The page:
The shutdown of the foodservice sector related to shelter at home mandates has had sudden and severe consequences for growers, he said.
“We lost a substantial amount of those customers overnight; it was a real education on how efficiently the supply chain operates when everything is going great,” he said. “But when you hit a crisis like this, that amazing, complicated supply chain just grinds to a halt,” he said.
The lack of movement at processors has backed up the supply chain and created damage to growers of seed, processed and fresh potatoes. Individual family farms that rely on processed contracts their livelihood are being pushed to the brink of insolvency,” he said.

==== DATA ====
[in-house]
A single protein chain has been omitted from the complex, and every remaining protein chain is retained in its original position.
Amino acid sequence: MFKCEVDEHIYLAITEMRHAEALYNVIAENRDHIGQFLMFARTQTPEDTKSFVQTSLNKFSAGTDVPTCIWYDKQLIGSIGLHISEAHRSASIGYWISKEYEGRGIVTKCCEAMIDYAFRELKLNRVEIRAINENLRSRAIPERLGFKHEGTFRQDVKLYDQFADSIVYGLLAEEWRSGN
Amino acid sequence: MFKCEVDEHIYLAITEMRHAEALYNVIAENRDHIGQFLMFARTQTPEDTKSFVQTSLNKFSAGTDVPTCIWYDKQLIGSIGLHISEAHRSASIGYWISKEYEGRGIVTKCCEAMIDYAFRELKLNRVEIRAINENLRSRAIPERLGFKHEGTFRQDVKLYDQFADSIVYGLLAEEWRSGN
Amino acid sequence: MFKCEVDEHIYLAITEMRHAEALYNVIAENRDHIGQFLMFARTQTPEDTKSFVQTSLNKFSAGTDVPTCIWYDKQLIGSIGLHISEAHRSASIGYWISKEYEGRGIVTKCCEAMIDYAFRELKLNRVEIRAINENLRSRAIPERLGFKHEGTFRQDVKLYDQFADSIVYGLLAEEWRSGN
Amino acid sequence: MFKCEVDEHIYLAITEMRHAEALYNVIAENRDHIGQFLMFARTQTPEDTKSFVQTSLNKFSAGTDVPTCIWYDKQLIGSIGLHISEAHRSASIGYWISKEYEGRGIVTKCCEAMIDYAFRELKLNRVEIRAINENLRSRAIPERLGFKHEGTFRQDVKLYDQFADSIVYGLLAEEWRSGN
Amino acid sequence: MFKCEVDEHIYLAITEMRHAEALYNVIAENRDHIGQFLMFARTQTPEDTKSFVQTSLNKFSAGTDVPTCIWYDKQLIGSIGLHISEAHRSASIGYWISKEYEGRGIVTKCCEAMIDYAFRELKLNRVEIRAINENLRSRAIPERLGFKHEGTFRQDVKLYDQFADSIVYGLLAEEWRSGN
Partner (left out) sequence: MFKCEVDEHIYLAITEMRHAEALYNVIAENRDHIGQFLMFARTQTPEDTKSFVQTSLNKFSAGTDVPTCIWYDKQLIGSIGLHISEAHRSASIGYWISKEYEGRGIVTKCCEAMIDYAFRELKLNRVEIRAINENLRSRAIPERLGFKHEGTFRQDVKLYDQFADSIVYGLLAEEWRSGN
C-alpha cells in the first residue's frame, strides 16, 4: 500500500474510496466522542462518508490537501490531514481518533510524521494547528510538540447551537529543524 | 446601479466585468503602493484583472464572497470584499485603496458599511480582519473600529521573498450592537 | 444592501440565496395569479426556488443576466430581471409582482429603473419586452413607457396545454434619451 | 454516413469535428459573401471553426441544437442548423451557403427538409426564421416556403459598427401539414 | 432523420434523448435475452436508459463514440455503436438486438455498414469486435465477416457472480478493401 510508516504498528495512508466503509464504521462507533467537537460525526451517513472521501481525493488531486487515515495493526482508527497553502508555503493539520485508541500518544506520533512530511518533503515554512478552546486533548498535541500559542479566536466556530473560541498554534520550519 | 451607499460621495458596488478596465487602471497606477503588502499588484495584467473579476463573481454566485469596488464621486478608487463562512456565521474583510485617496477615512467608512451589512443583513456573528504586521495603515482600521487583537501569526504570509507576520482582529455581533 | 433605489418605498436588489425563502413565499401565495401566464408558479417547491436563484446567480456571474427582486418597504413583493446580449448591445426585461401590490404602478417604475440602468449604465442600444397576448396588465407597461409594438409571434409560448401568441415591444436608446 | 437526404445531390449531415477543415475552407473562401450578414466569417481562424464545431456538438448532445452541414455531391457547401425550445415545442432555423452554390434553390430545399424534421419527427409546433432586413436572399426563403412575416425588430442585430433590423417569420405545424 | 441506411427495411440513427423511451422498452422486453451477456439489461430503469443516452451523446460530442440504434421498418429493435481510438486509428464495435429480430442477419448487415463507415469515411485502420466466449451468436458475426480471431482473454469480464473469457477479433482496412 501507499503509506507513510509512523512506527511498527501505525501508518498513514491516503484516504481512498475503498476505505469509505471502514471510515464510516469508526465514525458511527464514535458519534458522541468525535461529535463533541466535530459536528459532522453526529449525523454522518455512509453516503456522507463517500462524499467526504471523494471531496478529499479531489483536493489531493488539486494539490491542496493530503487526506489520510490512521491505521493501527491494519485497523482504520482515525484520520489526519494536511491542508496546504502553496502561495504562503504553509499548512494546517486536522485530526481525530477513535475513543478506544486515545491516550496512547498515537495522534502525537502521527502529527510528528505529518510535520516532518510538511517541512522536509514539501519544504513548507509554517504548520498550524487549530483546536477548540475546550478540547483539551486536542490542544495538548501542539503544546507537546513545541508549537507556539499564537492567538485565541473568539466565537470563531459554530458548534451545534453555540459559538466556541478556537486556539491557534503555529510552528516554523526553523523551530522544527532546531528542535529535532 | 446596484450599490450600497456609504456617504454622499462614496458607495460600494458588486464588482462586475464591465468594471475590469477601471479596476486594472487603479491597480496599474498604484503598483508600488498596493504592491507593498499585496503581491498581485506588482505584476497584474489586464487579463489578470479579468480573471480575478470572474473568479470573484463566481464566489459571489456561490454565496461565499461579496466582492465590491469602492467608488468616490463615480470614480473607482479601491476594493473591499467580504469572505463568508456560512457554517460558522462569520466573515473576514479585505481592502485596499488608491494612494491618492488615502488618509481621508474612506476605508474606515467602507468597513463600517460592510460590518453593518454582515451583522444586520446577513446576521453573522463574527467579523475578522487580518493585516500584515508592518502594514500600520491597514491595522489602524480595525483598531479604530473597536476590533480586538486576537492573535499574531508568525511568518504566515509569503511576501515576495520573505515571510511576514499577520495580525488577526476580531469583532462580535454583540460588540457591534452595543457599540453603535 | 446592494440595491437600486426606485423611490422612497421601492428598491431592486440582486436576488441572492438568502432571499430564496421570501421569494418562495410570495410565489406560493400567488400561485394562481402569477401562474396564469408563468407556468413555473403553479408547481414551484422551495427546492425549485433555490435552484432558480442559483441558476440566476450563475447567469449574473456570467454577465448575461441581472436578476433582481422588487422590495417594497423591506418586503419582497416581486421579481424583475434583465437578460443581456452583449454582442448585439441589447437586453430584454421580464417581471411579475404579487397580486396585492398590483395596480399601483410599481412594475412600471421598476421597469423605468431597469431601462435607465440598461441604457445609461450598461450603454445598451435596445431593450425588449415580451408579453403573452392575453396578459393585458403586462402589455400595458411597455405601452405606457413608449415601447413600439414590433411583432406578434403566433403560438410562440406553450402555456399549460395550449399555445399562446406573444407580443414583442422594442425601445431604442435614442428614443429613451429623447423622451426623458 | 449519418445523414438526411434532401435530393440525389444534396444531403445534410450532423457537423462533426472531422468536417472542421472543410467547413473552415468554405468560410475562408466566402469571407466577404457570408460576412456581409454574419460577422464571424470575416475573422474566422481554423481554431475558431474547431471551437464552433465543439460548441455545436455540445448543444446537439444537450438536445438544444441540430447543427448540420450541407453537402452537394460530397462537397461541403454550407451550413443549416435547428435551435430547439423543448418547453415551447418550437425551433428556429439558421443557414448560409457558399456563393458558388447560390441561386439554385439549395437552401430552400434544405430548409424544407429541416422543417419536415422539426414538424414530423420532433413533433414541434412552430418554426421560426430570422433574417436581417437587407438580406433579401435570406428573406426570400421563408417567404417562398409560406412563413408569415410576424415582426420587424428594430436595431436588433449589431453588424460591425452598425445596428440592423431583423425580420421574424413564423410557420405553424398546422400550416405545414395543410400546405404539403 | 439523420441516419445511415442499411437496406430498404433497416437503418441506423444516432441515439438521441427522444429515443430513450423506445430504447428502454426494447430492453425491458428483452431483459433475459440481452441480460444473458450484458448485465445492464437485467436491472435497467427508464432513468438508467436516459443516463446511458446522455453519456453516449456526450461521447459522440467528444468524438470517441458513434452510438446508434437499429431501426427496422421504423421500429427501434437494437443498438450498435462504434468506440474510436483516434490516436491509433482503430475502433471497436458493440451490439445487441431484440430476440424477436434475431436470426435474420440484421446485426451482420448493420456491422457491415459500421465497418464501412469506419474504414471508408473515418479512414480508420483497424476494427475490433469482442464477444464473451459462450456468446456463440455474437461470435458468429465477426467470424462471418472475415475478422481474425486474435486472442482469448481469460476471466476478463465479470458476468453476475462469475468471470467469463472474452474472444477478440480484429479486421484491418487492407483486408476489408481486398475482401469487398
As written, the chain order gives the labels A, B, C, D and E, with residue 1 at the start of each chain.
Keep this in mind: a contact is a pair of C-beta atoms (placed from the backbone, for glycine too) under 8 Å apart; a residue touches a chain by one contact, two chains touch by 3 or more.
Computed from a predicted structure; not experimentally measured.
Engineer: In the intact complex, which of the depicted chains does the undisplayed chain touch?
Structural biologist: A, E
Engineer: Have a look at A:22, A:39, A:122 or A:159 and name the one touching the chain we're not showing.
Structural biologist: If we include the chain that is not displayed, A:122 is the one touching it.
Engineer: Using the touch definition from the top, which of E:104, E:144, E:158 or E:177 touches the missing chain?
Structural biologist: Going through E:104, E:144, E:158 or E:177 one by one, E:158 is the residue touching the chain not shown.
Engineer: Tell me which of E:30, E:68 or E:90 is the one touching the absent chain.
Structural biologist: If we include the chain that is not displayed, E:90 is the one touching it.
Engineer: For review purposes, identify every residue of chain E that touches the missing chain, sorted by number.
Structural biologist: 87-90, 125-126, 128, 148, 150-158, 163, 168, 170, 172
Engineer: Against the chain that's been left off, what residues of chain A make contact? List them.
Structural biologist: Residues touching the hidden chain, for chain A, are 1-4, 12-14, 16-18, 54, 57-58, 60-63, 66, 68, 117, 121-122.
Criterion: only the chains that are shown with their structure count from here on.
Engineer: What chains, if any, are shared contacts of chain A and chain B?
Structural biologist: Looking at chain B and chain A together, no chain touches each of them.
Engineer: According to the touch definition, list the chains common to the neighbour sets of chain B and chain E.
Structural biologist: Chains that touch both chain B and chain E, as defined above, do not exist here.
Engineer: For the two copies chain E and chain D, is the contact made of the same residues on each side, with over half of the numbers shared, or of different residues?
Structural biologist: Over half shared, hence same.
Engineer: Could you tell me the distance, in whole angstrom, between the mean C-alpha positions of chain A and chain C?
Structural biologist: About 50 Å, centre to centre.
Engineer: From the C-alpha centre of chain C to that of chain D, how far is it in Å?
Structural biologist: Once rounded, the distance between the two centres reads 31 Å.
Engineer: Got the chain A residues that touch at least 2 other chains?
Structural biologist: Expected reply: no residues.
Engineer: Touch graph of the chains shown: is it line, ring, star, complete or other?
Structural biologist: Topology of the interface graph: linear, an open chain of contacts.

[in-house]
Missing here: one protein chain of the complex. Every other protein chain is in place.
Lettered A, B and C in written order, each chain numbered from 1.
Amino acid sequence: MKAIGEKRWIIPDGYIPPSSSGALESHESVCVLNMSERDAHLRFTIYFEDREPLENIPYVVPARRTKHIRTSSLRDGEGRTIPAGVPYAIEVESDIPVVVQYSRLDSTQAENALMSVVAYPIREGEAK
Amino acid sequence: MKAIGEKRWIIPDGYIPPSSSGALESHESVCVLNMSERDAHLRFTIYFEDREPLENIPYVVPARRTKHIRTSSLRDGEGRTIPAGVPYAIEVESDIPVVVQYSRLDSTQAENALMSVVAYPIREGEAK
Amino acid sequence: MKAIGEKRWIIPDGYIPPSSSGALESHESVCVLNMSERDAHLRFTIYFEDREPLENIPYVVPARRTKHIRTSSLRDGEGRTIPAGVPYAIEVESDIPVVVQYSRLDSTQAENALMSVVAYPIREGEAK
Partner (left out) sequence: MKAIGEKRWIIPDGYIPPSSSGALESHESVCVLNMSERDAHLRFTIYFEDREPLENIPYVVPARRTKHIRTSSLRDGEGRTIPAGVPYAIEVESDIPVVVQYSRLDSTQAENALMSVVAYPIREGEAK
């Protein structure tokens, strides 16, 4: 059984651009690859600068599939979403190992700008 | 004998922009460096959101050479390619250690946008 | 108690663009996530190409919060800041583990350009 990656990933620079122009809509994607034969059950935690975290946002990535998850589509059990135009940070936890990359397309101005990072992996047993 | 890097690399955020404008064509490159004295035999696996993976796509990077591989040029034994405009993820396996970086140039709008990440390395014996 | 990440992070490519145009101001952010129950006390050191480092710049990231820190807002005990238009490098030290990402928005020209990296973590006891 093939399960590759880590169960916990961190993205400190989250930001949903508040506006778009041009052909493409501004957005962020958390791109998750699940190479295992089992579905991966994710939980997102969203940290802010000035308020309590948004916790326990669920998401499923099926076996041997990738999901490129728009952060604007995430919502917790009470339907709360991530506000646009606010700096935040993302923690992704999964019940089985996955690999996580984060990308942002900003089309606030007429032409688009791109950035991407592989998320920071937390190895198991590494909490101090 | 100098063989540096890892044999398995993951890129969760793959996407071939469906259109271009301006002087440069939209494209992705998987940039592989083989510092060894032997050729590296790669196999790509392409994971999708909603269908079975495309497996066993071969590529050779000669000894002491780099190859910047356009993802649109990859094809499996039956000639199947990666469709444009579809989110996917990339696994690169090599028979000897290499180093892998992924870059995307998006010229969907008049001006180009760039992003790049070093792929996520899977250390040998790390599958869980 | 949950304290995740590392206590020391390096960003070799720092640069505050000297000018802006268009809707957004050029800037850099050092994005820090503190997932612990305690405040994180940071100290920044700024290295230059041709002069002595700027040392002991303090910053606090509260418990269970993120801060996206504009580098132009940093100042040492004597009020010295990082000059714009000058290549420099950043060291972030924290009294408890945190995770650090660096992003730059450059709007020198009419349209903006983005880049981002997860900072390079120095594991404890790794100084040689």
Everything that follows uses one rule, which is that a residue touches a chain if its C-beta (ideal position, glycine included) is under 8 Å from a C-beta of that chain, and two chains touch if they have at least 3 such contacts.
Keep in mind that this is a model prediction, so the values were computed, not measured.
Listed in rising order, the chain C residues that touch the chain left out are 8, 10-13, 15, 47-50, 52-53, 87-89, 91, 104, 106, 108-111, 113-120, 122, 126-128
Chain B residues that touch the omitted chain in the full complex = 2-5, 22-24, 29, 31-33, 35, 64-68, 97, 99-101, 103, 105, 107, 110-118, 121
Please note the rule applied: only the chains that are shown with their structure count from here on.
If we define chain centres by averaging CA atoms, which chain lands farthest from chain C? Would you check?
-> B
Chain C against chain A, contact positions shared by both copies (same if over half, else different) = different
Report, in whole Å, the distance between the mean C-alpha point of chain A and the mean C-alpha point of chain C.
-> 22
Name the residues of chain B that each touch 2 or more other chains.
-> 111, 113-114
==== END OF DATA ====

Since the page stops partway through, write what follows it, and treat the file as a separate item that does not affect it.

“Our major focus is getting some relief to those to those growers, and obviously freeing up the supply chain for those processors and other entities so supply and demand can start to balance.”
The industry is waiting for USDA surplus commodity purchases, the Farmers to Families Food Box program and the direct payments to growers to begin to take effect on the market, but advocates are also looking ahead as to what else may be needed, Quarles said.
Original report in The Packer here, where you can also watch a video.